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NATURE: Animal Odd Couples

Airs Wednesday, October 23, 2013 at 8 p.m. on KPBS TV

Above: Kasi (Cheetah) and Mtani (Dog)

Courtesy of © THIRTEEN

Pip (doe) often visits Kate, her surrogate Great Dane mother.

Courtesy of © THIRTEEN

Anthony (lion) licks Riley (coyote) after playing.

As the most watched documentary film series on public television, NATURE delivers the best in original natural history films to audiences nationwide.

Are animals capable of feeling complex emotions? Recent observations of unexpected cross-species relationships in zoos and animal sanctuaries around the world may provide some answers.

Despite the odds, there are countless stories of the most unlikely cross-species relationships imaginable: a goat guiding a blind horse; a doe who regularly visits her Great Dane surrogate mother; a juvenile gibbon choosing to live with a family of capuchins, and so on. Instincts gone awry? The subject has mystified scientists for years.

In "Animal Odd Couples," NATURE investigates why animals form these special bonds. Informed by the observations of caregivers and noted scientists Temple Grandin and Marc Bekoff, the film explores what these relationships suggest about the nature of animal emotions.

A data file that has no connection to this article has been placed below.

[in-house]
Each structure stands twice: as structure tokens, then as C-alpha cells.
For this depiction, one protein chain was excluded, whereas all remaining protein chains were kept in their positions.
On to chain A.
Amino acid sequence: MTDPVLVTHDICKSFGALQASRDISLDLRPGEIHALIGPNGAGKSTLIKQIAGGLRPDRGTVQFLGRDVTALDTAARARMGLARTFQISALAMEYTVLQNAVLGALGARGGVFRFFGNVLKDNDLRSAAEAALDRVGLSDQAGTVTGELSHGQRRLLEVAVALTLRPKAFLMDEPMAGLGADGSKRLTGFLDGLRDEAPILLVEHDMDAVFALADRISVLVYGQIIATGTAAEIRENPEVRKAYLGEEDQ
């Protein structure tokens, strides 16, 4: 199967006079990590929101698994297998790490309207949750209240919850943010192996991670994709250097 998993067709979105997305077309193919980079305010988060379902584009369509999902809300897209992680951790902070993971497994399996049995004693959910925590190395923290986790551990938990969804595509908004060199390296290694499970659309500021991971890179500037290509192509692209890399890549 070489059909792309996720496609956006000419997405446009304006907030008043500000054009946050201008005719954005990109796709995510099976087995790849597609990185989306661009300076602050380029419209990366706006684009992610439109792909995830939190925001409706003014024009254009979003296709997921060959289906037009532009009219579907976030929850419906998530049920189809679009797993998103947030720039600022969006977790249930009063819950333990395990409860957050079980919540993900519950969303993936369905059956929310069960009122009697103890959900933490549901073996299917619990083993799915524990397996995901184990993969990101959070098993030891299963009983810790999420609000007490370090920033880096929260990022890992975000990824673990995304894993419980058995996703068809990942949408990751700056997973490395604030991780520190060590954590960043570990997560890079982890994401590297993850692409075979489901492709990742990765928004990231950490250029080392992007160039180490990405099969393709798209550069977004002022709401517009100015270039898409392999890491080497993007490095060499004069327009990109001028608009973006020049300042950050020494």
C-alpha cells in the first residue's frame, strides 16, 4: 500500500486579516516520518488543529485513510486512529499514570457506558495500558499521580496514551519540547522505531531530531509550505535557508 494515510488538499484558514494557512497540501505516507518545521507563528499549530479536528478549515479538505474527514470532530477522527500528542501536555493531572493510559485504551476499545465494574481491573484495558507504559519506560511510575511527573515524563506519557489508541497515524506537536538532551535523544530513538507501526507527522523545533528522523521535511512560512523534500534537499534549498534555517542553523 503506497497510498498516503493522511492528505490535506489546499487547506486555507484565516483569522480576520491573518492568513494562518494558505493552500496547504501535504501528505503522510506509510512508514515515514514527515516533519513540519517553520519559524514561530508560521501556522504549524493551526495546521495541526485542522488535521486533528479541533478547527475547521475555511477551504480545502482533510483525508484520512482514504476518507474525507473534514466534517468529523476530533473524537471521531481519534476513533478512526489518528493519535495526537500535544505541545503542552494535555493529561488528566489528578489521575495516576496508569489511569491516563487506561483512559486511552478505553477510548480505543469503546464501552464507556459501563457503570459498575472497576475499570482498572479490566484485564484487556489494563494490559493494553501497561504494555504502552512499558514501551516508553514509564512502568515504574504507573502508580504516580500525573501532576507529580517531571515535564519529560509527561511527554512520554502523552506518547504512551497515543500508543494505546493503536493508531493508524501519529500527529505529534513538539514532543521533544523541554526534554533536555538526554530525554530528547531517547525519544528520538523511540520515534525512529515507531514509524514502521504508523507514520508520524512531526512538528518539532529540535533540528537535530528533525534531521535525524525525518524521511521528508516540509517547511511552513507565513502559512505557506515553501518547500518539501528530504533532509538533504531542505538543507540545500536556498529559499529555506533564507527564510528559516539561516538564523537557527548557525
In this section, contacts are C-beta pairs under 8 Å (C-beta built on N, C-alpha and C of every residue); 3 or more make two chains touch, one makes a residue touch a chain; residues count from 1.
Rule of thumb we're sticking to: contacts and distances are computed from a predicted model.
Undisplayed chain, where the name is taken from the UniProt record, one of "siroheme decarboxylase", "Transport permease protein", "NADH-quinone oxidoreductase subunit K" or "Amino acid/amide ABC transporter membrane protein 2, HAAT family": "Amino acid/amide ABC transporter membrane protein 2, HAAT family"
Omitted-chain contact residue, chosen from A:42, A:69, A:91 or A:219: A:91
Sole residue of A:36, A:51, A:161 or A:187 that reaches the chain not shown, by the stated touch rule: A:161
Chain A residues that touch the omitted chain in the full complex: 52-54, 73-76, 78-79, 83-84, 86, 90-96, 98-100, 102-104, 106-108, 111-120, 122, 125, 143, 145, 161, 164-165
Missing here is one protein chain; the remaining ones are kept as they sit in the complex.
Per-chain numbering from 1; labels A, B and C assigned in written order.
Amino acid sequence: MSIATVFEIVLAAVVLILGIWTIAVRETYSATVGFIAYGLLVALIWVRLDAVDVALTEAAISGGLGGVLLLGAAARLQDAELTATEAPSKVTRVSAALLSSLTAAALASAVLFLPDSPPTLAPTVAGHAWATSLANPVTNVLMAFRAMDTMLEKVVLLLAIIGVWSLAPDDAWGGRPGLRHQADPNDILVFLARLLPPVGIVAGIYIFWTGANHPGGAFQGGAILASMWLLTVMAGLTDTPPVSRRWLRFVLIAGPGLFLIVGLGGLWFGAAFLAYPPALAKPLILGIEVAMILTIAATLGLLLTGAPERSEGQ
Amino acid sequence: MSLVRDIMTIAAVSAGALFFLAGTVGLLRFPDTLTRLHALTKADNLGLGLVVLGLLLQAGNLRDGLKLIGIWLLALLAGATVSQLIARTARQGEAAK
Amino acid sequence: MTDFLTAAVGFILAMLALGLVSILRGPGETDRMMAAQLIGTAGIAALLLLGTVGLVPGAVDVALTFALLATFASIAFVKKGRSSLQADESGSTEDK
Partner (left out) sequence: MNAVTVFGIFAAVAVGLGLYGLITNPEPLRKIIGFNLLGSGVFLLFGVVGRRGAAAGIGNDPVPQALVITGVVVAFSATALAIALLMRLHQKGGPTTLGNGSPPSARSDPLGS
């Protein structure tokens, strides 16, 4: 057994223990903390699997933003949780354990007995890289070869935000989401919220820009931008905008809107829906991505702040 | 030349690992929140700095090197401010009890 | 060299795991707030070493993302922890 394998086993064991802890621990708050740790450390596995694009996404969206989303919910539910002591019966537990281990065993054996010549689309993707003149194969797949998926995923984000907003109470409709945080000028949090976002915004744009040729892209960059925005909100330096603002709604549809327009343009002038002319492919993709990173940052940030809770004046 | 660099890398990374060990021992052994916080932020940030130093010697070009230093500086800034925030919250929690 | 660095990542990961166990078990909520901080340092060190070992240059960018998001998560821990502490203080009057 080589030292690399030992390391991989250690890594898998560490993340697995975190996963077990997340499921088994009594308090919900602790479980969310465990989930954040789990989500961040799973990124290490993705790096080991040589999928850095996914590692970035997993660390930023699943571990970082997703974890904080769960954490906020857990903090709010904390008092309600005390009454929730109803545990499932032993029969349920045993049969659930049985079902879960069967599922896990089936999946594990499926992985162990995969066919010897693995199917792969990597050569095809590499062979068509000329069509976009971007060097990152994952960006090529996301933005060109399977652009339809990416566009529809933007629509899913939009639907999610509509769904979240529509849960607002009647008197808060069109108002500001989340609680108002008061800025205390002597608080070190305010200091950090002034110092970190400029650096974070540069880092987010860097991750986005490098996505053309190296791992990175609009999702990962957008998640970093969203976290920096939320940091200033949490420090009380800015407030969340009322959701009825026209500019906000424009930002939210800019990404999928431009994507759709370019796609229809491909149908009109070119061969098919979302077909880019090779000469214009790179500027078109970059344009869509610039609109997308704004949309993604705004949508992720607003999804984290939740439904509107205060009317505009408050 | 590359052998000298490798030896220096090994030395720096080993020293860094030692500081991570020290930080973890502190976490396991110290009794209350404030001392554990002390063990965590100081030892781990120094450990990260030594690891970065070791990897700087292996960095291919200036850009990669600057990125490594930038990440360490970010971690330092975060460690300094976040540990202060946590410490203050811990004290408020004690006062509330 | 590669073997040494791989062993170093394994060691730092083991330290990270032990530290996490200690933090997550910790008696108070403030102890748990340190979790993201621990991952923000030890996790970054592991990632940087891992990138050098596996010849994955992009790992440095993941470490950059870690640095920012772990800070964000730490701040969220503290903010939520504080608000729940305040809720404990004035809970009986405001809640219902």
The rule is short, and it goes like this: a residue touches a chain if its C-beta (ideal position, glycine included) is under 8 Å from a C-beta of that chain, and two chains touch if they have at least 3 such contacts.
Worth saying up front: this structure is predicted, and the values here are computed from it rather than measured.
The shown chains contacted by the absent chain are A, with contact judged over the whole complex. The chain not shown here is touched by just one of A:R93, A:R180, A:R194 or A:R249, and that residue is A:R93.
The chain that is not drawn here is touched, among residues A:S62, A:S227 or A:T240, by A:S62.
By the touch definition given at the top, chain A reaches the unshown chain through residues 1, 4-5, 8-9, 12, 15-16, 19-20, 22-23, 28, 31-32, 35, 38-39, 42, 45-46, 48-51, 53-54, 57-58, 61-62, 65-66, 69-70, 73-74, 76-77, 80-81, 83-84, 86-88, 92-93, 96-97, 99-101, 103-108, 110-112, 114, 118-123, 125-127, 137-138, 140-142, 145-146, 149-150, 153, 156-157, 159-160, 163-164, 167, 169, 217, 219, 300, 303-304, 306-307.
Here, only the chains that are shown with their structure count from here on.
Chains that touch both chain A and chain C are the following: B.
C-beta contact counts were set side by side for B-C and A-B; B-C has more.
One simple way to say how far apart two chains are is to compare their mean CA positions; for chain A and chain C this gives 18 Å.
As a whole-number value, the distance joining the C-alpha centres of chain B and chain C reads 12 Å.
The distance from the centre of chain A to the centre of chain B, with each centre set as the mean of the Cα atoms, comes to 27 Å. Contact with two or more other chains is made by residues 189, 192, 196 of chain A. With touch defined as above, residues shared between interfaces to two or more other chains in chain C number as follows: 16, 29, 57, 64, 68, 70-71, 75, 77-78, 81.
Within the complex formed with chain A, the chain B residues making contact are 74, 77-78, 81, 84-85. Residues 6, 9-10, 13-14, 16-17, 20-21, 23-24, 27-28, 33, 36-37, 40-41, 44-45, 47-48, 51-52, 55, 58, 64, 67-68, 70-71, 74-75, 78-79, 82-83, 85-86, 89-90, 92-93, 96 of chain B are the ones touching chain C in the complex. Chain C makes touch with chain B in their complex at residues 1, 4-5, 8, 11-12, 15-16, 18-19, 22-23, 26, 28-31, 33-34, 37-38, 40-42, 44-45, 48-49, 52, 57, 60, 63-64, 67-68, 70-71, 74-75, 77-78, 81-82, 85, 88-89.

Read an article about Animal Odd Couples by Dr. Marc Bekoff.

NATURE is on Facebook, and you can follow @PBSNature on Twitter.

Enjoy "Exploration Wednesdays" including new season of NATURE, NOVA Making Stuff…, and RAW To Ready, on KPBS-TV beginning at 8 p.m. October 16-Novemeber 6, 2013.

Video

Nature: Animal Odd Couples

Above: NATURE "Animal Odd Couples" website

Video

Nature: Animal Odd Couples: The Tortoise and the Goose

Above: At Busch Gardens, a 45-year-old female Aldabra tortoise was chosen by an unlikely suitor: a male Pacific Brant goose. The unusual pair has been together for 4 years. Brant geese mate for life, and it seems that this friendship is in for the long haul.

Video

Nature: Animal Odd Couples: The Benefits of Friendship

Above: Primatologist and evolutionary biologist Dr. Lauren Brent discusses her research on nonhuman primate social behavior, and what it shows about the benefits of friendship.

Video

Nature: Animal Odd Couples: Kate and Pip

Above: After being abandoned by her mother, a baby fawn, Pippin, was adopted by a Great Dane, Kate, and they have been best friends ever since. Kate’s owner Isobel Springett describes the uniqueness of their relationship: “When they greet each other, I’ve never seen anything like it. It’s not a deer greeting a deer. It’s not a dog greeting a dog. It’s definitely something that they have between the two of them.”

Video

Studying the Emotional Lives of Animals

Above: In this video short, Dr. Marc Bekoff, former Professor of Ecology and Evolutionary Biology at the University of Colorado featured in "Animal Odd Couples," on the scientific study of animal emotions, animal friendships, and the elements of the brain that allow for such bonds to form.

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